There are so many misconceptions about exercise. Our knowledge about health, fitness, the way the body works, and what it’s capable of is changing all the time. Because fitness and exercise information is always changing and evolving, there’s always a ton of conflicting information out there. I think that makes it pretty easy for opinion or assumption to start being tossed around as fact. What on earth should you believe when it comes to exercise? That’s a big question, but we’re going to look at five exercise myths today that you can check off your list.
When it comes to overall wellness, our bodies are all the same in so many ways, but also different. Meaning what works for one person may not work for someone else. Even if something works for thousands of people, it still may not work for some. Wellness is a journey of learning to understand your own body and listen to what it’s telling you. Sounds kind of deep, huh? It really is kind of deep! Here are some pretty simple, not-so-deep myths you need to get past before you can dive into a more fit and healthy life.
Have you been a believer in any of these exercise myths?
If you aren’t sore, you didn’t get a good workout.
Soreness can be a sign that you did something new or harder than you have been doing, which is good, but it’s not necessary for an effective workout. Many people argue in favor of soreness because they believe it’s the only way to see results. The trouble is, if you are constantly pushing that far in all of your workouts, your muscles stay in a constant state of soreness and swelling, creating stiffness and the possibility of reduced range of motion and permanent changes to your movement patterns. Allowing the body to fully recover between each workout without always creating that severe soreness is ideal for progress.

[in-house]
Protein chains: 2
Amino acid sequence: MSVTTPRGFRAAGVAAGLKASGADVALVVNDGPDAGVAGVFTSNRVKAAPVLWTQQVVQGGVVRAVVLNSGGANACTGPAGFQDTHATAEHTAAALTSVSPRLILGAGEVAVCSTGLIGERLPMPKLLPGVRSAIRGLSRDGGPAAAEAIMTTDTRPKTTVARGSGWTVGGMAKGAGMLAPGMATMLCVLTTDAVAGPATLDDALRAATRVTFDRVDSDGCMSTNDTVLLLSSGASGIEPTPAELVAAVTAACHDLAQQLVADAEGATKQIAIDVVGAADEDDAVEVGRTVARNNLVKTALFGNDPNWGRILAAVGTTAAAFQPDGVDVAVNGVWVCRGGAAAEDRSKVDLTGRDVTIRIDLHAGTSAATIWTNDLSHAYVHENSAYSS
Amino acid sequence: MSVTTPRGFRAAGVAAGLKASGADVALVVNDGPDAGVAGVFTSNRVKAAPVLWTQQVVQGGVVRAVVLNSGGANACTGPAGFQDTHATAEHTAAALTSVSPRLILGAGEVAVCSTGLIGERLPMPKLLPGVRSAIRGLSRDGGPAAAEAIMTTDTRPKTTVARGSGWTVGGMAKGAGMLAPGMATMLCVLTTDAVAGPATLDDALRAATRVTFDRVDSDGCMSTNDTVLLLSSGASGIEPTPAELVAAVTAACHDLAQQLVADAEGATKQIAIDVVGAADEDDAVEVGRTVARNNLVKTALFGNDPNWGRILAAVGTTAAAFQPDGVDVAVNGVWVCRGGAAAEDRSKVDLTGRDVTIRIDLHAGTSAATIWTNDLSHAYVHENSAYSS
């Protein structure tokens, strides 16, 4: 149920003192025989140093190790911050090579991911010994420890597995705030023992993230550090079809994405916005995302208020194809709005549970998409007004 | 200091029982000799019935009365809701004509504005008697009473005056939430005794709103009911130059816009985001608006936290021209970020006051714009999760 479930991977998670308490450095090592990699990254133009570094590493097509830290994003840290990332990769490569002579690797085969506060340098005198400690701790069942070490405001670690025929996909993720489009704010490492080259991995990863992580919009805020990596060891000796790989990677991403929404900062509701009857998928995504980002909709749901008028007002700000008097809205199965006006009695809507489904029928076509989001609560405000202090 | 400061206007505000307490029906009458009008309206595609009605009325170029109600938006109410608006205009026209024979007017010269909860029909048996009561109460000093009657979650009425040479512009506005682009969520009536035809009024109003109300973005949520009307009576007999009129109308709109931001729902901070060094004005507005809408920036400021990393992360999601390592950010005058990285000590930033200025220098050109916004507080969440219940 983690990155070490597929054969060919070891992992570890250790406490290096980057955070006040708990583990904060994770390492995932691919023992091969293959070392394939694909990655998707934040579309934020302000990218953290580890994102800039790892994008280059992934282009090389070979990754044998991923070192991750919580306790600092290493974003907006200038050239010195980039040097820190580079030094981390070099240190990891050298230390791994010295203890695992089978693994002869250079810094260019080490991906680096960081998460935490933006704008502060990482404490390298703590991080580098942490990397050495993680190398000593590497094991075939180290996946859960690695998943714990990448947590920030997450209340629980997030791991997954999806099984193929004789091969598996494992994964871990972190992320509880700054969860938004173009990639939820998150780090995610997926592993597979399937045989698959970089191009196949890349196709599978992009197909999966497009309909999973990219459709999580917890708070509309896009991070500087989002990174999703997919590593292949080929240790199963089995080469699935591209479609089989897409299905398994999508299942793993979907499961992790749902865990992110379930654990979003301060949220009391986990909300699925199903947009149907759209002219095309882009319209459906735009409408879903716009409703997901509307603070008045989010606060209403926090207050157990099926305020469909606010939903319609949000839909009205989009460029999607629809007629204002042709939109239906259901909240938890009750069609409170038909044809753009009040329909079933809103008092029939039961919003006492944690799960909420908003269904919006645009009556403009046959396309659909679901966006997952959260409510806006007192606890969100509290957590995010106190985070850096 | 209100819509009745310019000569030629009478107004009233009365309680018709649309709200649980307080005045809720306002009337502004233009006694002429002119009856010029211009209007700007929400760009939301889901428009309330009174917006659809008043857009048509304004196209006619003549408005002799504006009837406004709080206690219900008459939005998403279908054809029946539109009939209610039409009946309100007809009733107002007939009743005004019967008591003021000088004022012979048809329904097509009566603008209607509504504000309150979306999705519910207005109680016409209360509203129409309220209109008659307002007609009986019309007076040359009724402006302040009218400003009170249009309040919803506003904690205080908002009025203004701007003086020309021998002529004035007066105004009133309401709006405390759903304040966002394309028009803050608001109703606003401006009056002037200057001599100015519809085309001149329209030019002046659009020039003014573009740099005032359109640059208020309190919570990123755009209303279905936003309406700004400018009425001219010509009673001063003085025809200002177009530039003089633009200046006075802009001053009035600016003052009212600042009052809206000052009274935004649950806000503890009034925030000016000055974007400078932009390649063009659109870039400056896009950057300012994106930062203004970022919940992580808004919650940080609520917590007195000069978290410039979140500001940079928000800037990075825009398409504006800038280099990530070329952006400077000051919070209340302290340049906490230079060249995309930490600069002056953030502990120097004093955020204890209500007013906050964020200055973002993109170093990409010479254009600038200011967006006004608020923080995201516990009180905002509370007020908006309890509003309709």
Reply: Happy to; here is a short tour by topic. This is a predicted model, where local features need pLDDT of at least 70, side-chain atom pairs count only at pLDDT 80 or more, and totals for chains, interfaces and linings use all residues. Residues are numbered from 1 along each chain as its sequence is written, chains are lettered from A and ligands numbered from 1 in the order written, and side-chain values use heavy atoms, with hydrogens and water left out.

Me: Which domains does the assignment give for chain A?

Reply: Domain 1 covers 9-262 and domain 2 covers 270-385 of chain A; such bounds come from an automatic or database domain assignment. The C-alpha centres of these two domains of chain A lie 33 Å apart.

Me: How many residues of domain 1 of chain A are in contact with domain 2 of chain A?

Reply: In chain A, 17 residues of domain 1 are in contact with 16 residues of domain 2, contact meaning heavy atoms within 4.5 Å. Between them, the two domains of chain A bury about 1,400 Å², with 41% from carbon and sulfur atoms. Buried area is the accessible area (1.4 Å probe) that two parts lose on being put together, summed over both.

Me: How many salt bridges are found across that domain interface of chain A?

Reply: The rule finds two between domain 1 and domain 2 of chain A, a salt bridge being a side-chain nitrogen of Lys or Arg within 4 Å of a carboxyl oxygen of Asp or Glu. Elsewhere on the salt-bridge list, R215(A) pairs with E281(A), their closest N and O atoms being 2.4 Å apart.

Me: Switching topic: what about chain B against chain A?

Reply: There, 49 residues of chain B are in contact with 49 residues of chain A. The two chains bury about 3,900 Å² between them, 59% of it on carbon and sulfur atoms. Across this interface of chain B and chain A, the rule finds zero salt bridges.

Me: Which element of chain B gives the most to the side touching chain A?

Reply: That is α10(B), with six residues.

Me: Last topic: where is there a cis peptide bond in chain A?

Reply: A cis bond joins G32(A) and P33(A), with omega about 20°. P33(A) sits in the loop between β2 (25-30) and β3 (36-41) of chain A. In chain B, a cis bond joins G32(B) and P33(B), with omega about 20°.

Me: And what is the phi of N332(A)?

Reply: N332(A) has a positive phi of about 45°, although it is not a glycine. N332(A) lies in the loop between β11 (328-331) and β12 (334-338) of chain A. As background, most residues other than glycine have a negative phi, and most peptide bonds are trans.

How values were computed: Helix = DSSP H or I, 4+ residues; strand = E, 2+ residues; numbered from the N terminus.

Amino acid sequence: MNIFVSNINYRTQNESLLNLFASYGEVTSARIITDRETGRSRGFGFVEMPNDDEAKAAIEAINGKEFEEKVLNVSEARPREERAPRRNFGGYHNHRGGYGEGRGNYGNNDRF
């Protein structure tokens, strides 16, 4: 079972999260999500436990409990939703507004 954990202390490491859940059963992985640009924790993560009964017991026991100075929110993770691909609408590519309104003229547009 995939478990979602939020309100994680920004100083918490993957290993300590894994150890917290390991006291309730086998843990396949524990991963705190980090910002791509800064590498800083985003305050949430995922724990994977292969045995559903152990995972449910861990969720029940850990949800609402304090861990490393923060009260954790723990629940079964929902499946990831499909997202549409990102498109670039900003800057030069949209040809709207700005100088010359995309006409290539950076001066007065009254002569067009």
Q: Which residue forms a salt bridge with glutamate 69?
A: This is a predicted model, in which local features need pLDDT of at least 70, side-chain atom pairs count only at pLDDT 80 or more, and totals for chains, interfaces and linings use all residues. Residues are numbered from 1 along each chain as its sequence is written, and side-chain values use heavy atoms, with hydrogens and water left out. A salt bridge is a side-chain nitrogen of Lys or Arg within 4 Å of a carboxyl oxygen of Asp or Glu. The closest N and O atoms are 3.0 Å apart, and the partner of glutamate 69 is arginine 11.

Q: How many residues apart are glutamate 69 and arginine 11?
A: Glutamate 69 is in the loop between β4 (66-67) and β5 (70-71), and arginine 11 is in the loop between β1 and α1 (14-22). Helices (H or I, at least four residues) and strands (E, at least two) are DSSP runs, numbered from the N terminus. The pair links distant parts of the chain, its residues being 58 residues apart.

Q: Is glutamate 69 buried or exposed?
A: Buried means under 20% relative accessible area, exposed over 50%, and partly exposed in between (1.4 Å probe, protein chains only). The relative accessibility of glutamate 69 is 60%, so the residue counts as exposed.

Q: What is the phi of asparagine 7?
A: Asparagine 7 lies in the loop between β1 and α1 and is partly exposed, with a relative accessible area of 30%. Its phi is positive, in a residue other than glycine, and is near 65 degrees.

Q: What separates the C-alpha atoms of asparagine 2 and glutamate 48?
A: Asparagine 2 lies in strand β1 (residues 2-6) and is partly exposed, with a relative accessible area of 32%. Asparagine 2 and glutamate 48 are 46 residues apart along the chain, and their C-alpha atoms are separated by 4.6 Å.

It’s also ideal for sustainability in your mental and emotional wellbeing. Burnout typically happens in the physical body before it happens in the mind. When you’re constantly feeling the effects of your workouts with sore muscles, it’s going to start to get to you. That constant pain and discomfort is sending stress signals to your brain to repair, repair, repair in over-drive. Relax, fitness is a long game.
Cardio is the best exercise for weight loss.
Oh, cardio. Combined with a calorie deficit, cardio has long been a popular choice for weight loss. But these days it’s definitely been proven that it’s not alone in the category of beneficial when we’re talking about dropping some pounds. After all, it’s not uncommon for people to log hours on the elliptical without losing any weight.
The key seems to be strength training, or rather a combination of strength training and cardio. There’s no doubt that cardio burns more calories than strength training, but a benefit of strength training is that the calorie burn doesn’t end when the exercise does. Your muscle mass plays a big part in your body’s metabolism. Maintaining muscle requires more energy from your body than maintaining fat. So your metabolism speeds up in proportion to the amount of lean muscle it has to work with. Which means it slows down the more fat tissue you have.
These effects may or may not be significant for everyone, but there is no shortage of studies proving the benefits of combining both cardio and strength training for weight loss. I’ll put it this way, cardio alone might work well for you at this stage of your weight loss, but if it’s not working or when it stops working, you will do well to start working some strength training into your routine.
Lifting heavy weights will make you big and bulky